An outbreak of respiratory syncytial virus and human metapneumovirus infections that affected 73% of patients in a dementia care ward underscores the complexities in mitigating the transmission of these viruses in long-term care facilities, according to recent study findings.
“Long-term care facilities [(LTCFs)] have unique challenges. Infection control policies from acute care hospitals cannot simply be mirrored in this setting and expected to work,” Steven Schaeffer Spires, MD, study author and assistant professor of infectious diseases at Vanderbilt University School of Medicine, said in a press release. “RSV and HMPV are viruses that need to be taken as seriously as we take [influenza], especially in older adults.”
The first illness related to the outbreak was identified in January 2015. The patient was transferred from the dementia care ward, located in Tennessee, to the ED for coughing, vomiting and other general symptoms. Days later, additional patients with symptoms including fever, cough and nasal congestion were also identified. The facility subsequently employed infection prevention protocols, which included grouping patients and staff, using contact precautions for patients with suspected illness and ceasing all group activities, to prevent further illnesses.
During the 16-day outbreak, 30 of 41 patients were infected with RVS, HMPV or both. Fifteen patients were hospitalized, and five died.
Thomas R. Talbot
Spires, Thomas R. Talbot, MD, MPH, associate professor of medicine and preventive medicine at Vanderbilt University School of Medicine and chief hospital epidemiologist at Vanderbilt University Medical Center, and colleagues highlighted several issues in infection control within the facility. Since it did not have on-site PCR testing, samples obtained from patients with suspected illness were assessed offsite, delaying results for nearly 2 weeks after collection. By the second week of the outbreak, there was limited availability of personal protective equipment because the number of areas that needed an isolation cart exceeded the number of carts available. Further, one-third of nursing staff called in sick or were sent home after developing symptoms that were consistent with illnesses involved in the outbreak. With a reduced workforce, health care personnel were shared among patients in an affected and unaffected unit of the facility. By day 12, infections had spread to both units.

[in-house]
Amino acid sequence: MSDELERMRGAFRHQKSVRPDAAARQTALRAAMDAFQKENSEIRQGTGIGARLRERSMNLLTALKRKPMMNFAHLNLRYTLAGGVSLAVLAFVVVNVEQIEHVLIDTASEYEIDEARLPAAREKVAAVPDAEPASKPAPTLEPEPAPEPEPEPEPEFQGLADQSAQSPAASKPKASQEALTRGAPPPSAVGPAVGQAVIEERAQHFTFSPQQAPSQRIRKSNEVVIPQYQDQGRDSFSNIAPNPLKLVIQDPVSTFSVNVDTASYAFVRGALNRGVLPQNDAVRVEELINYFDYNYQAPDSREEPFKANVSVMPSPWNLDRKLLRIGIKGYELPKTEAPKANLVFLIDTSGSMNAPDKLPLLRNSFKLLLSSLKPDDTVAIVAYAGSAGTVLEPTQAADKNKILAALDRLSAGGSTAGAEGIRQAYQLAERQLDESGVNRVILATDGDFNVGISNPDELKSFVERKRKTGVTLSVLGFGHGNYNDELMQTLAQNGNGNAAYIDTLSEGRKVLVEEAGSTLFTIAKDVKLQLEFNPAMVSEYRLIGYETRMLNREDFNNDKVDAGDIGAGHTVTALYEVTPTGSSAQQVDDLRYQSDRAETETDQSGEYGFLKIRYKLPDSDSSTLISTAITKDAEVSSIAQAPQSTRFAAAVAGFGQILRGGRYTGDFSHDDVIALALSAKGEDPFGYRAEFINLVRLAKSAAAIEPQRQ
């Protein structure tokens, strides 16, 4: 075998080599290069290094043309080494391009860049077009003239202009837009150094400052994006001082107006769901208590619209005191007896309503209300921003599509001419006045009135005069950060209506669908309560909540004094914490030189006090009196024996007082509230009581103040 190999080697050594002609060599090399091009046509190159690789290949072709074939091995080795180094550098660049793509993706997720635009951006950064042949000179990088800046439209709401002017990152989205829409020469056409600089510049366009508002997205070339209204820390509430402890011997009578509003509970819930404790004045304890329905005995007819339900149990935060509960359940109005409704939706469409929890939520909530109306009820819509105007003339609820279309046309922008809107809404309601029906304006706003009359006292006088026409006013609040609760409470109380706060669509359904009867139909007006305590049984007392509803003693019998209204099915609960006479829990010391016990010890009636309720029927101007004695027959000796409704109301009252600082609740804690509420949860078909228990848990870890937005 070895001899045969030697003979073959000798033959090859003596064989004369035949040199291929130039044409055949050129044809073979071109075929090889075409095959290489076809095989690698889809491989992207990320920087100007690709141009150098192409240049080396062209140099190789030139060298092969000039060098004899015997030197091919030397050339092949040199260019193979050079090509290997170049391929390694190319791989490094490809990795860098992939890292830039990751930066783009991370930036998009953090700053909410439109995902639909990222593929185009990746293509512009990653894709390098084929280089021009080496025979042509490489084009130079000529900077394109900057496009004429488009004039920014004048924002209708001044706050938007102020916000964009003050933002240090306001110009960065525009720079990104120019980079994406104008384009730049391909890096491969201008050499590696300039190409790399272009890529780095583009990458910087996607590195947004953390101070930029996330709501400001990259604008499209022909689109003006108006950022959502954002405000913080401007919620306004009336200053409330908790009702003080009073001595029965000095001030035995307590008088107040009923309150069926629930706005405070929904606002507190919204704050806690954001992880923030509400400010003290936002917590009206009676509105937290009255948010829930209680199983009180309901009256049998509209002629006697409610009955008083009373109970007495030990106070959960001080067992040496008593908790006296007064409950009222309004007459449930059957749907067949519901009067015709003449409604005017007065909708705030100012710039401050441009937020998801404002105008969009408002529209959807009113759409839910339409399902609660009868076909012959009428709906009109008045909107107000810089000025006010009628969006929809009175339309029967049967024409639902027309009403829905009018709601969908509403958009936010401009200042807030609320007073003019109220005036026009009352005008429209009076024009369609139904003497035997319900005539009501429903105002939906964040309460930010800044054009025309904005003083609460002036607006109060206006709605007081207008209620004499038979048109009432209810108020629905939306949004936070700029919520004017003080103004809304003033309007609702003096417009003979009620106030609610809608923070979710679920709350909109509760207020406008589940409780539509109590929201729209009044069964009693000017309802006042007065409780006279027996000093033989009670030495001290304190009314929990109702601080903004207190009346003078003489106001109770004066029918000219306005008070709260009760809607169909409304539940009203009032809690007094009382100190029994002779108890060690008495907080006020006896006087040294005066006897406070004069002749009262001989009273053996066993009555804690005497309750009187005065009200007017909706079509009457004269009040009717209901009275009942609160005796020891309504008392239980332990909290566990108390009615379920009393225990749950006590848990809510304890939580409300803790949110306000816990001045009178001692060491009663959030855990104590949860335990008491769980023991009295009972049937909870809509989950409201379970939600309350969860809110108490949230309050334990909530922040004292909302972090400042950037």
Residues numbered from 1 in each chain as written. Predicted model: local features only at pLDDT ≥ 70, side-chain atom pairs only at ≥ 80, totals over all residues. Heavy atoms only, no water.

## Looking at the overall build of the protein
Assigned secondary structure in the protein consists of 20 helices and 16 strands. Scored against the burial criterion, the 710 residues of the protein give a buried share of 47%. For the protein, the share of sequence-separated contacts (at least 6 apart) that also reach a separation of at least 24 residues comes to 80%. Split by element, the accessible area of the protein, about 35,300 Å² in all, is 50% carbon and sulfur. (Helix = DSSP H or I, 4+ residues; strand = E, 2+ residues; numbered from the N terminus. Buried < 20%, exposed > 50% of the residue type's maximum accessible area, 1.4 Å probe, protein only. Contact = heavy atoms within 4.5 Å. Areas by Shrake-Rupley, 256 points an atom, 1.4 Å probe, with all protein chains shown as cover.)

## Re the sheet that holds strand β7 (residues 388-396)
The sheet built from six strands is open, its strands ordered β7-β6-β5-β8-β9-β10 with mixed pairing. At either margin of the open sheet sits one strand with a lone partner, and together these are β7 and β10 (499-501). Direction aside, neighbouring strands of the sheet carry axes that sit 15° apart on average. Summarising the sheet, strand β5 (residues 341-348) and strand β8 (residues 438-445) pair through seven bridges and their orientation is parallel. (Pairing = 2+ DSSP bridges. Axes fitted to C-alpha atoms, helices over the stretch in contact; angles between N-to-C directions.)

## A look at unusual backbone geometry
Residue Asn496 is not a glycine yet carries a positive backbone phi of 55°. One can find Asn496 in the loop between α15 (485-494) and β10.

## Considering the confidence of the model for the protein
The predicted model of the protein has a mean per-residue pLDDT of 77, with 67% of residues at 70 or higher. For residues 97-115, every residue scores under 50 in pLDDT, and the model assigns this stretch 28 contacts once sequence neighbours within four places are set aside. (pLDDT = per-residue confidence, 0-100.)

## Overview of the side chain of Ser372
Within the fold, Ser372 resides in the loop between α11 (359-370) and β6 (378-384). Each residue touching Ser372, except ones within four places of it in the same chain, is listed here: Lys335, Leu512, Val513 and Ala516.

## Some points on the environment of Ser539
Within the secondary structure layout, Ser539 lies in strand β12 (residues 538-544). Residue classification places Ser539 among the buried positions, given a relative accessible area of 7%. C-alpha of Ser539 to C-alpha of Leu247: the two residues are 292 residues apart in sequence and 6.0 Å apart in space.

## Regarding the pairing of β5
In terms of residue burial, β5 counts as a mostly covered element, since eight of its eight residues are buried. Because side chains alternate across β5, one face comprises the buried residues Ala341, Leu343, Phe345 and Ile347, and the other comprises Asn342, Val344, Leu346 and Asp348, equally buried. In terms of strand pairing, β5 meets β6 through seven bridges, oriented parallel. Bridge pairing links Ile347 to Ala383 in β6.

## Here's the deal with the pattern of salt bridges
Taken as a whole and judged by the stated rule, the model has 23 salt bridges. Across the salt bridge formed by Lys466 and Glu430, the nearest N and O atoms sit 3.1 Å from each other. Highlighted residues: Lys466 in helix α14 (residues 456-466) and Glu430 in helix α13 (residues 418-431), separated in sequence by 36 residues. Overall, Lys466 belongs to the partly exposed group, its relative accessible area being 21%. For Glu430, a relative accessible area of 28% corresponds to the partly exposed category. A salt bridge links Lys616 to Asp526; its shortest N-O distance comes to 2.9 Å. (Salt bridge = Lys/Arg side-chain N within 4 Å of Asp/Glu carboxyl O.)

A paper-based method of bed tracking made it difficult to monitor patient movement. New cases were placed in rooms with other cases to isolate those with suspected illnesses; however, asymptomatic patients were sometimes transferred to recently voided beds due to a lack of extra rooms.
Patients’ underlying conditions of dementia further challenged the implementation of preventive measures. They were unable to report their symptoms, which likely delayed case identification, and many patients did not comply with recommended restrictions. Because one patient had ingested an alcohol-based hand rub in the past, dispensers could not be placed at convenient locations for hand hygiene use.
After identifying these issues, the facility updated its practices to improve infection prevention procedures.
“Identification of infected residents and [health care personal] as well as implementation of essential infection prevention strategies were challenges that are likely not unique to our specific LTCF,” Spires and colleagues wrote. “Since this outbreak, several additions and changes to the facility’s infection prevention procedures that are aimed to prevent spread of all respiratory pathogens in a congregate setting instead of just focused on influenza have been implemented.”
According to the researchers, staff now conduct daily active screening during the respiratory viral season. Through a partnership with a private laboratory, test results can be attained within 24 to 48 hours. In addition, the facility was renovated to include hand rub dispensers at each doorway entrance, which are monitored by staff for oral ingestion among residents. The researchers recommend that during future outbreaks, health care professionals treat rooms with a case and exposed roommate as a single unit.
“Early detection of a contagious pathogen and identification of infected patients is important when trying to prevent an outbreak,” Spires said in the release. “However, once a certain number of residents were infected, we had almost no chance at preventing further cases from developing. Now that better technology is available to detect viruses other than influenza on a more routine basis, we are recognizing the importance of RSV, HMPV and other viruses in causing such morbidity in the older adult population. There is a clear need for vaccines and new antivirals to aid our efforts in prevention of these viral infections.” – by Stephanie Viguers
Disclosure: The researchers report no relevant financial disclosures.